Iraqis debate leadership amid bombings
Roadside bomb kills 3 Americans; Baghdad minibus targeted
Iraqi police examine a minibus Tuesday after a bomb exploded, killing at least three people.
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BAGHDAD, Iraq (CNN) -- Iraqi politicians failed to reach an agreement Tuesday in discussions on a new prime minister as violence claimed more American and Iraqi lives.
Three U.S. soldiers were killed in a roadside bombing north of Baghdad, while a blast on a minibus in the capital's Sadr City neighborhood left three people dead.
A vehicle carrying the American soldiers was struck by an explosive device about 3:45 p.m., the military said in a written statement. They were from Multi-National Division-Baghdad.
A soldier assigned to 2/28 Brigade Combat Team died Monday from "wounds sustained due to enemy action while operating" in the restive Anbar province on Sunday, the U.S. military said.
Also, a soldier from 130th Engineer Brigade was killed Sunday when his combat patrol struck a roadside bomb near Balad, the U.S. military said Tuesday. Another soldier was wounded in the incident.
This brings the number of U.S. military personnel killed in the Iraq war to 2,359.
Already, the 31 troop deaths in April matches the total from March. There were 62 deaths in January and 55 in February.
According to a CNN count, the highest death toll for U.S. troops in a single month was 137 in November 2004, when the U.S. military led a major offensive in Falluja; followed by 135 in April 2004, when an earlier siege took place in Falluja; and 107 in January 2005, when Iraqi elections brought an increase in violence.
In Washington Tuesday, the chairman of the U.S. Joint Chiefs of Staff defended Defense Secretary Donald Rumsfeld from criticism by former Pentagon brass, telling reporters that "nobody works harder than he does."
Gen. Peter Pace opened a Pentagon briefing with a defense of the planning for the 2003 invasion of Iraq, where U.S. troops have battled a persistent insurgency since the fall of former dictator Saddam Hussein's government. (Full story)
In the past month, three former generals have accused Rumsfeld of bungling the occupation of Iraq by refusing to commit enough troops to secure the country after taking Baghdad.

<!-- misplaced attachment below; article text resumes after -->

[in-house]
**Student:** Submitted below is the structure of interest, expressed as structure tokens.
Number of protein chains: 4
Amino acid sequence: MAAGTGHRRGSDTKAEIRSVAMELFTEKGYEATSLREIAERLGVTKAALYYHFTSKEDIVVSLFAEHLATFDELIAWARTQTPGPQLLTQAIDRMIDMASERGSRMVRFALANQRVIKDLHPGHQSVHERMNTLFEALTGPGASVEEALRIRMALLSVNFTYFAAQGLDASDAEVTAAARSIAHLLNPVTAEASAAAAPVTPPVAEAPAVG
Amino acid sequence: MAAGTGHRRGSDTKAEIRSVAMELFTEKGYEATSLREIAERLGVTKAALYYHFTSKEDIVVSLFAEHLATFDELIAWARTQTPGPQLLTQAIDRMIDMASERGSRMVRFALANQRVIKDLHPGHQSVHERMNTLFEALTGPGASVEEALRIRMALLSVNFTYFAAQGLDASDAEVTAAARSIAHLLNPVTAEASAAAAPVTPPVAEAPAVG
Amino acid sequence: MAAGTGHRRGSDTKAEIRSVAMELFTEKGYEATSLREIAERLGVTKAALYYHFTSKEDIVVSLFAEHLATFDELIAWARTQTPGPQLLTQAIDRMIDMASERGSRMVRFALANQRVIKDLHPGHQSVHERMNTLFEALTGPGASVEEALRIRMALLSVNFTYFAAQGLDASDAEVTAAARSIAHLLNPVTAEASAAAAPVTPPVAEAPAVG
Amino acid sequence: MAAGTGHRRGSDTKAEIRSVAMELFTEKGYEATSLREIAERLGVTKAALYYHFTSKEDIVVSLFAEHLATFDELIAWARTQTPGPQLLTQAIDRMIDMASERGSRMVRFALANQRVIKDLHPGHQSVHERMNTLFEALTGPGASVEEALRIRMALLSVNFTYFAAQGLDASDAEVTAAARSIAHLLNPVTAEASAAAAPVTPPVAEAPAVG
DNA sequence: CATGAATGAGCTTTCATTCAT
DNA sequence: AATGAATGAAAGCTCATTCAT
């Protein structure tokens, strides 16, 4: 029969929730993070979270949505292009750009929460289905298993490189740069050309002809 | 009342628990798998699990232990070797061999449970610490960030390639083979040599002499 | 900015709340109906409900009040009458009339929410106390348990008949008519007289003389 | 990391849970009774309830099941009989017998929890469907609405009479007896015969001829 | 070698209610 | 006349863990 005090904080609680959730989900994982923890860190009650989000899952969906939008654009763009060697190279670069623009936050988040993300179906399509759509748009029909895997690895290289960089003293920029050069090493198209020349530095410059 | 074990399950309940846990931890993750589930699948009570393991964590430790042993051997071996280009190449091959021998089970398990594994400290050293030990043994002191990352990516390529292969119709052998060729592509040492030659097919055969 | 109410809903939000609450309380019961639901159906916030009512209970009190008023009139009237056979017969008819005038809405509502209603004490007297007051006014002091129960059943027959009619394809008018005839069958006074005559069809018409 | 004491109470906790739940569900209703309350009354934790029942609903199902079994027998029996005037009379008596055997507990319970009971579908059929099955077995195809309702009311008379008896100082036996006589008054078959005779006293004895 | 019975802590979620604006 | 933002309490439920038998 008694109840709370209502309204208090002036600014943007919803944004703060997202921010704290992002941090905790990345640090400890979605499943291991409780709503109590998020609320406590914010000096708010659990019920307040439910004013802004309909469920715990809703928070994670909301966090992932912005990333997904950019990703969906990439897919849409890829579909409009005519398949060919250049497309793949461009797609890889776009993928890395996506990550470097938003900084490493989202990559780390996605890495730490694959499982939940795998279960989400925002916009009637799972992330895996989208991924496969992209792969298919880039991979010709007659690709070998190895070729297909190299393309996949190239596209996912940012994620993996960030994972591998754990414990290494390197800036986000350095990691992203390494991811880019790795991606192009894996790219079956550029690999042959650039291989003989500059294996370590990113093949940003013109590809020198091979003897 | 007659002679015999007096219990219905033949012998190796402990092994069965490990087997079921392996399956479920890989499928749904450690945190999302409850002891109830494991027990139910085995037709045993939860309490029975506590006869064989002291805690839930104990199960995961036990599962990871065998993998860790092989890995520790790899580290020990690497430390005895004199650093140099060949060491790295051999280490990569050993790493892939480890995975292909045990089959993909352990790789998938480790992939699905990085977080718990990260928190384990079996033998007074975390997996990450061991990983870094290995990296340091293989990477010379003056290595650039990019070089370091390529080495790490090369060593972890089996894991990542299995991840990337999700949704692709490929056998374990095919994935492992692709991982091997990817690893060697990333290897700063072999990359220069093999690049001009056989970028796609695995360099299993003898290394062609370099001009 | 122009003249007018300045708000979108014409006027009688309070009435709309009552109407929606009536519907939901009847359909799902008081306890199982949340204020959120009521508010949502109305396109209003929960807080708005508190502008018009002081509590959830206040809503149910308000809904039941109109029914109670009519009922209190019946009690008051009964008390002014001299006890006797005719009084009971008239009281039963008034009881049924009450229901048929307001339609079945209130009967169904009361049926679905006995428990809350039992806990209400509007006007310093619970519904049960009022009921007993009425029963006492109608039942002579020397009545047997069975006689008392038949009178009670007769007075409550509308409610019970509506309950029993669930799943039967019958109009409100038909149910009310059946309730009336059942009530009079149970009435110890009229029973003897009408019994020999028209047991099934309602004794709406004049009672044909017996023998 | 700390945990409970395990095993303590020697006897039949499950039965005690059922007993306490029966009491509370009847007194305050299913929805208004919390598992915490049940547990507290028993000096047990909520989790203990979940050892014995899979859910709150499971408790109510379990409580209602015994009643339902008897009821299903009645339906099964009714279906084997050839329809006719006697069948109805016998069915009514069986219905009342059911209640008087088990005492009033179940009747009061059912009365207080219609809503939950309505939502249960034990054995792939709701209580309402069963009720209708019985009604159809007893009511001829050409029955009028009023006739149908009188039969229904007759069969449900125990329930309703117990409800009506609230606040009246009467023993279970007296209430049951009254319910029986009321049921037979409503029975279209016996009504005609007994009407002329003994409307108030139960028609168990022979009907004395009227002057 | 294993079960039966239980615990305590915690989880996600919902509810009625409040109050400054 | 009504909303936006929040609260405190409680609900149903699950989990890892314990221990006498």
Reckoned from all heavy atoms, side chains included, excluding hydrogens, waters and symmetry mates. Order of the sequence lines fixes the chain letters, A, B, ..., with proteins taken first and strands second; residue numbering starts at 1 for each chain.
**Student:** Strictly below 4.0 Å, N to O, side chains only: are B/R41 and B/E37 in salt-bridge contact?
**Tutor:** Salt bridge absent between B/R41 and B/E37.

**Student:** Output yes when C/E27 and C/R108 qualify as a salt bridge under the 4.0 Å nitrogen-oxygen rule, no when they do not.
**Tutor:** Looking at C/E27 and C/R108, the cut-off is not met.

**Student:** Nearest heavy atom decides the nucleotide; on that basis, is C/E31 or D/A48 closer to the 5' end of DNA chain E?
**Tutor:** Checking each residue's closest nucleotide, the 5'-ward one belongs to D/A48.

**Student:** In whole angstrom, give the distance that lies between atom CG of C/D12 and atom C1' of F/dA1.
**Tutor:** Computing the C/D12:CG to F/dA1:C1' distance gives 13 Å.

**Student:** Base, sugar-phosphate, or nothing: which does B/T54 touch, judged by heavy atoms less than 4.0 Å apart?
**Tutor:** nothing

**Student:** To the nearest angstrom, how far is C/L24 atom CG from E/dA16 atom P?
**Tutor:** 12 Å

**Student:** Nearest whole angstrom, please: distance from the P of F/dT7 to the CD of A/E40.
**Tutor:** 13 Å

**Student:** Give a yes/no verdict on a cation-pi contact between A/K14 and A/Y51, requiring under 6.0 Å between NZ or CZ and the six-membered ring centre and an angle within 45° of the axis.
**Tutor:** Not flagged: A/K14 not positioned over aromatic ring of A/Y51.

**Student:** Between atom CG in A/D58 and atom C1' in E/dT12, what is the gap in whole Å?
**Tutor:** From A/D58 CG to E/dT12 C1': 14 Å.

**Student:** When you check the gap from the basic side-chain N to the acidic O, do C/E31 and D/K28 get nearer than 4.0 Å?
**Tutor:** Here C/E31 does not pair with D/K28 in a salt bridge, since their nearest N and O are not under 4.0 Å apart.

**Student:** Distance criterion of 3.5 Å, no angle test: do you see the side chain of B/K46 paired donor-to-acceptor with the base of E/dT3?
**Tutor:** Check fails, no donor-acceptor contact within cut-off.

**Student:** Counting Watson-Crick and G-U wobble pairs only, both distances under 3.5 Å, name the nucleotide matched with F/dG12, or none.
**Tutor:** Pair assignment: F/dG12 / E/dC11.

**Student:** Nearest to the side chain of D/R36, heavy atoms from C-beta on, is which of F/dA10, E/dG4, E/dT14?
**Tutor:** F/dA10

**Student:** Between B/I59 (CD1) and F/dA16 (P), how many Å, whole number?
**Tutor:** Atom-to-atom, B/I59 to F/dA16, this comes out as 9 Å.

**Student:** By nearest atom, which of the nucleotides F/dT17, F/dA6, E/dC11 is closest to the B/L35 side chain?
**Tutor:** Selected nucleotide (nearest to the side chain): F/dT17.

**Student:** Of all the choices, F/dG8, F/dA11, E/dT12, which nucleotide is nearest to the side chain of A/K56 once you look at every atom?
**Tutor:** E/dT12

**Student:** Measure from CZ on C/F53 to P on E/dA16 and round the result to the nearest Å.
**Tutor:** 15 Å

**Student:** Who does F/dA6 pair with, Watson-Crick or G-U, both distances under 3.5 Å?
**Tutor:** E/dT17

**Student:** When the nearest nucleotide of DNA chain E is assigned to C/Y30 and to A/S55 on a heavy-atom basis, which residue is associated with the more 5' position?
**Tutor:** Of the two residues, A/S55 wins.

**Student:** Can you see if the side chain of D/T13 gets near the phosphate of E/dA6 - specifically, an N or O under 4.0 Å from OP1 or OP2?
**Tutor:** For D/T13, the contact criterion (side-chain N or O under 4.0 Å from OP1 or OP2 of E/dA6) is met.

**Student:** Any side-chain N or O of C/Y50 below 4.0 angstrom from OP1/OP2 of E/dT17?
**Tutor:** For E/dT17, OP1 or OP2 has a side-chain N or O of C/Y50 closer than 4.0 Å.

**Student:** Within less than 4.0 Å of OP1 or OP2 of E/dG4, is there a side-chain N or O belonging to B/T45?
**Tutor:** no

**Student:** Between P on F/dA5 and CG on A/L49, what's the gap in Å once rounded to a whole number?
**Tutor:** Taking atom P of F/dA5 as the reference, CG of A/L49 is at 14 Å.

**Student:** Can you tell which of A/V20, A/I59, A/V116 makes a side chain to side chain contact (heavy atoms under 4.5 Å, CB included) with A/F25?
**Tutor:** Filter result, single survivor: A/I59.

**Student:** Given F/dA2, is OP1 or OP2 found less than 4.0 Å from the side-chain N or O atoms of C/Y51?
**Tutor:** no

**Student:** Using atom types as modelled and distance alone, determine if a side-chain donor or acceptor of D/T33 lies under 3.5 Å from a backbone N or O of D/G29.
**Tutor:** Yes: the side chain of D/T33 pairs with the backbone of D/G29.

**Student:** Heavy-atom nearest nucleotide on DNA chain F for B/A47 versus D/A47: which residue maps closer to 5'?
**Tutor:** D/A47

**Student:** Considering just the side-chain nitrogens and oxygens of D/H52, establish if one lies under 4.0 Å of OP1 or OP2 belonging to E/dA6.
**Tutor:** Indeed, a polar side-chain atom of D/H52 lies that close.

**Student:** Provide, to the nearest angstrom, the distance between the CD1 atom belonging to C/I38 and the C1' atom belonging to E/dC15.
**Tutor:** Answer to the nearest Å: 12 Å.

In a Time magazine essay published this week, retired Marine Corps Lt. Gen. Gregory Newbold said the war plan was "fundamentally flawed," and many senior officers "acted timidly when their voices urgently needed to be heard."
Bombings target capital
The minibus bombing in Sadr City wounded nine people, emergency police said.
The attack came three days after a bomb went off on another minibus headed to the poor Shiite neighborhood, killing one person and wounding seven.
On Tuesday evening, a bomb exploded in a parked car near a restaurant in northern Baghdad, wounding four police officers and five civilians, emergency police said.
Earlier in the day, three roadside bombs wounded eight Iraqi police officers and one civilian in the Iraqi capital.
In Babil province, Iraqi police found 11 bodies, all shot in the head. None of the dead discovered in the small town of Kifil had identification.
Kifil is close to Hilla, which is about 60 miles (96 kilometers) south of Baghdad.
Shiite lawmakers still stymied
Shiite lawmakers met unsuccessfully Tuesday to debate the nominee for prime minister in the new four-year government. (Full story)
Some Shiites are still standing behind transitional prime minister Ibrahim al-Jaafari. But Kurdish and Sunni politicians in recent days issued a final rejection of al-Jaafari, saying he has proved he is not up to the task.
At issue is his ability to govern a country embroiled in sectarian strife, prompting fears that it teeters on the brink of civil war.
Al-Jaafari shows no indication that he is willing to step aside, still claiming support from influential Shiite cleric Muqtada al-Sadr.
The Shiite bloc -- made up of seven parties -- won the most seats in December's parliamentary election and has first choice in choosing a prime minister candidate.
Negotiations since then have failed to produce a unity government. Any choice for prime minister must win approval from the parliament.
U.S. officials have been pressuring Iraqi leaders to reach an agreement.
"Forming a unity government is critical to defeating the terrorists and securing the peace," President Bush said Monday.
"The terrorists and insurgents thrive in a political vacuum. And the delay in forming a government is creating a vacuum that the terrorists and insurgents are working to exploit."
Hostage's wife breaks silence
The wife of an American being held hostage in Iraq implored his kidnappers Tuesday to resume talks with her to free her husband, a businessman snatched off Baghdad-area streets one year ago.
In her first interview since the abduction, Liliana Ake urged the kidnappers who contacted her last April -- and then abruptly stopped calling -- to contact her again about her husband, Jeffrey.
During an interview on CNN from her hometown of LaPorte, Indiana, she asked the kidnappers to "please take the next step to release my husband and return his children's lives to normal." (Full story)
CNN's Arwa Damon contributed to this report.
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